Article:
Today Anne, myself and two of our friends were accosted by a woman outside Barnes & Noble. Apparently she saw Anne’s “Bush/Cheney 2004” bumper sticker and it pushed her over the edge. She asserted, in a very hostile tone, that she “couldn’t comprehend” how women could support Bush or Cheney. Anne tossed back some quick one-liner and we continued into the store to do our shopping. There was no discussion of the incident at the time, but I’ve been thinking about it a bit since then.

Leaving aside the propriety of attacking the politics of a complete stranger in such a manner, two things struck me. First, there are roughly a hundred million voters in the United States. About half are women. Of those, polls indicate at least 40% are Bush supporters — that’s about 20 million people. I think if you’re sufficiently passionate about your politics that you would impose them verbally on strangers in parking lots, you should be willing to make the effort to comprehend why so many people disagree with you. That doesn’t mean you have to change your own mind, but as a simple matter of tactics and strategy you can’t be an effective salesperson for your own views if you don’t understand why other people think differently. Not everybody who thinks differently from you is stupid, ignorant, evil or insane. (And yes, this cuts both ways on the political spectrum, and yes I’ve been guilty of the same error myself. It’s still an error.)

The second thing that struck me was the sense of fear and anger that was rolling off this woman in waves. It was utterly inappropriate to the circumstances. It almost seemed like the fact that a woman might choose to support the reelection of the President struck at some basic psychological support pillar in this woman’s mind. Or perhaps she was just not very confident in a Kerry victory, and the presence of a Republican woman somehow concretized her fear of a Bush win, leading her to lash out against the present symbol of the distant man she really fears and hates. I dunno.

In any event, it was an interesting encounter.

4 Responses to “Something I Don't Comprehend”
  1. syn says:

    I know the feeling. I am female and whenever I voice my dissent on the issue of abortion, females automatically spew so much hate towards me. My reasons against abortion are not religious based at all, on the contrary, I am against abortion on a cultural and social level. I believe abortion has weakened the female, not empowered her. Because of the actions we females have taken over the past thirty years, males no longer respect the female’s ability to procreate. Even more disturbing, females disrespect our ability to procreate, it is seen as a burden, a problem, a mistake, a thing to rid ourselves of. We females were once honored and respected for our ability to procreate, today we reduced ourselves to barbarism. Not very empowering in my opinion.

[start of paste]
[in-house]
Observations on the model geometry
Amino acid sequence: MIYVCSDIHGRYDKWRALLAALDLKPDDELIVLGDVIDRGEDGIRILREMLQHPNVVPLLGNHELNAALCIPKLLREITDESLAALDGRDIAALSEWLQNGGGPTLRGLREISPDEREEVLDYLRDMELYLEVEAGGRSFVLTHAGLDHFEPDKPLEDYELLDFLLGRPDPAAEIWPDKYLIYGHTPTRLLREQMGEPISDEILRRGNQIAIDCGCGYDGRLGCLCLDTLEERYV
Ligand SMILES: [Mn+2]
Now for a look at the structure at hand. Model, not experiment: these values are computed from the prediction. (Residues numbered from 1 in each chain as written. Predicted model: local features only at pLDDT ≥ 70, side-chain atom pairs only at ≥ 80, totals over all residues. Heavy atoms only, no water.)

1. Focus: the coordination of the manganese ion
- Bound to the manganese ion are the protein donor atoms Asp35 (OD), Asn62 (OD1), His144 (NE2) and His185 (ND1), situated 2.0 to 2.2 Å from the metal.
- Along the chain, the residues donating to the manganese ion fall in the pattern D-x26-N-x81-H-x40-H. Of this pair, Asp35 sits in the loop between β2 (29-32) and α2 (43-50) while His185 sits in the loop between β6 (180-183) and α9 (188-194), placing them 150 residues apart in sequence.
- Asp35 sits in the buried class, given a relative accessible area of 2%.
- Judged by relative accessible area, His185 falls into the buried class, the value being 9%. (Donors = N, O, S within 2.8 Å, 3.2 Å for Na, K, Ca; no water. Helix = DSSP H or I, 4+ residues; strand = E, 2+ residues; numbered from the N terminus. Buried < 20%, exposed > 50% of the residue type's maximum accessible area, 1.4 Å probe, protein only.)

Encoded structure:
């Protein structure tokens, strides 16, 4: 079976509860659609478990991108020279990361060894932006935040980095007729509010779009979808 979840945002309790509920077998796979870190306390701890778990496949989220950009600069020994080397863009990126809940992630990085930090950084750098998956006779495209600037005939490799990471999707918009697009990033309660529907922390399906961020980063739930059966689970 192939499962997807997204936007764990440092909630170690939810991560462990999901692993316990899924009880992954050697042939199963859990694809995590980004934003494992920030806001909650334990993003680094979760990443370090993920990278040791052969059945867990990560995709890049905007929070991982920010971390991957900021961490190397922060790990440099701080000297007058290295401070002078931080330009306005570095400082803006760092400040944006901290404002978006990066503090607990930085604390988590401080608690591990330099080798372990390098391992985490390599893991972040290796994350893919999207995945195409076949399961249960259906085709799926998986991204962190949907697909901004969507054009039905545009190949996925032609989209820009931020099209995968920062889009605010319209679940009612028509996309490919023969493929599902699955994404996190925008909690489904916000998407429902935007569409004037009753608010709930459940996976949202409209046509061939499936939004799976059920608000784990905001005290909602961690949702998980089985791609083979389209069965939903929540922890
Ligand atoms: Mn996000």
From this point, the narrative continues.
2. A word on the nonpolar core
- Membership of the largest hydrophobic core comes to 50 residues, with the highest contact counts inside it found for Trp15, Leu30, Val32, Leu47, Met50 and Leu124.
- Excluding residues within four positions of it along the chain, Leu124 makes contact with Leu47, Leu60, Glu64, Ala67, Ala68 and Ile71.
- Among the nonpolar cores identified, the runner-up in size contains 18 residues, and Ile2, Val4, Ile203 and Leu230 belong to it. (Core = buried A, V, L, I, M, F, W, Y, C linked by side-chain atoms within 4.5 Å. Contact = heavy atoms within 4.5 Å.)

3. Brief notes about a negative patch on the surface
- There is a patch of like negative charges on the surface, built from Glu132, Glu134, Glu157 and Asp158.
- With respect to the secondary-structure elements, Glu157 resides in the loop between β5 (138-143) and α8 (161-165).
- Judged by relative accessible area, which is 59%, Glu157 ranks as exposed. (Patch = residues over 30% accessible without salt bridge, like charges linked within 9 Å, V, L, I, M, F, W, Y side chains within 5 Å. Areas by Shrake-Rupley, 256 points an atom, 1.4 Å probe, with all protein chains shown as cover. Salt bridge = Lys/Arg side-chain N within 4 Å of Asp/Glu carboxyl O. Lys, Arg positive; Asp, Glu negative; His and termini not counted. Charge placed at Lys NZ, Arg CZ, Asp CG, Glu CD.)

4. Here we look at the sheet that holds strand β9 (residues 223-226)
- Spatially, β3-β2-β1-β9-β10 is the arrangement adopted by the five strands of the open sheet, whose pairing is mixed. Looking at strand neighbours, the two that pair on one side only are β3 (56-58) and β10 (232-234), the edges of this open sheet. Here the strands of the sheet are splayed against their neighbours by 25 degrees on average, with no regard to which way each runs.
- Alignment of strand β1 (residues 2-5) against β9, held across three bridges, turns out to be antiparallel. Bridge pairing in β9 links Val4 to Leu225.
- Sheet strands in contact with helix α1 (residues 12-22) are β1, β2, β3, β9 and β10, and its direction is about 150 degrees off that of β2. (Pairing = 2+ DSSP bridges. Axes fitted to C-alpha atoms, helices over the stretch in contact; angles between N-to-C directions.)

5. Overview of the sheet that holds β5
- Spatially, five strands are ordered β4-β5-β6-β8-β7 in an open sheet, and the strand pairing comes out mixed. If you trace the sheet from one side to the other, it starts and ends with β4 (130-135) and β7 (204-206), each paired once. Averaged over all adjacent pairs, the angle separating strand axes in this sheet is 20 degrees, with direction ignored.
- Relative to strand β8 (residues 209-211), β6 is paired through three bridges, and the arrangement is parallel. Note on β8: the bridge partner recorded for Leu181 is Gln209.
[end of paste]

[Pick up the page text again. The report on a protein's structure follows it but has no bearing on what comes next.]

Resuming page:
2. Kyle Haight says:

    An interesting argument, and one I haven’t really encountered before. It ties in with another argument I’ve seen claiming that widespread birth control has contributed to the decline of marriage. By severing the link between sex and reproduction, birth control makes it safe for women to have sex outside of the cultural institutions designed for raising children. And that in turn reduces the incentive for men to enter into those cultural institutions, and to stay in them once there.

    One question, though. The argument you sketch suggests that women should choose not to have abortions. It doesn’t really speak to the question of whether abortion as such is morally legitimate or not. Free societies legally permit a wide variety of behaviors that people should refrain from for moral reasons. Do you think abortion should be legal, but that women shouldn’t make use of it, or do you think it should be outright illegal? If the latter, are there other forms of consensual activity that should also be made illegal on moral grounds?

  3. Al says:

    syn partially highlighted the approach I often take.

    When arguing with someone that logic won’t reach, pick a _liberal_ sacred cow, extend it to the extreme position, and argue from that position. And don’t ever introduce any aspect of religion unless you have a specific non-middle-eastern-origin religion that supports your position.

  4. Kyle Haight says:

    When faced with someone that logic won’t reach, I typically abort the discussion. Argument almost by definition is based on adducing facts and logical connections. If someone isn’t moved by facts and logic, then what you’re having isn’t an argument. It’s simply psychological manipulation. At that point my goal is just to sow a few seeds of cognitive dissonance and then get on with my life.

    It’s also worth noting that just about any position can be made to appear ridiculous by pushing it to an out-of-context extreme. And in my own arguments I really try to avoid introducing religious elements on account of what I’m an atheist.

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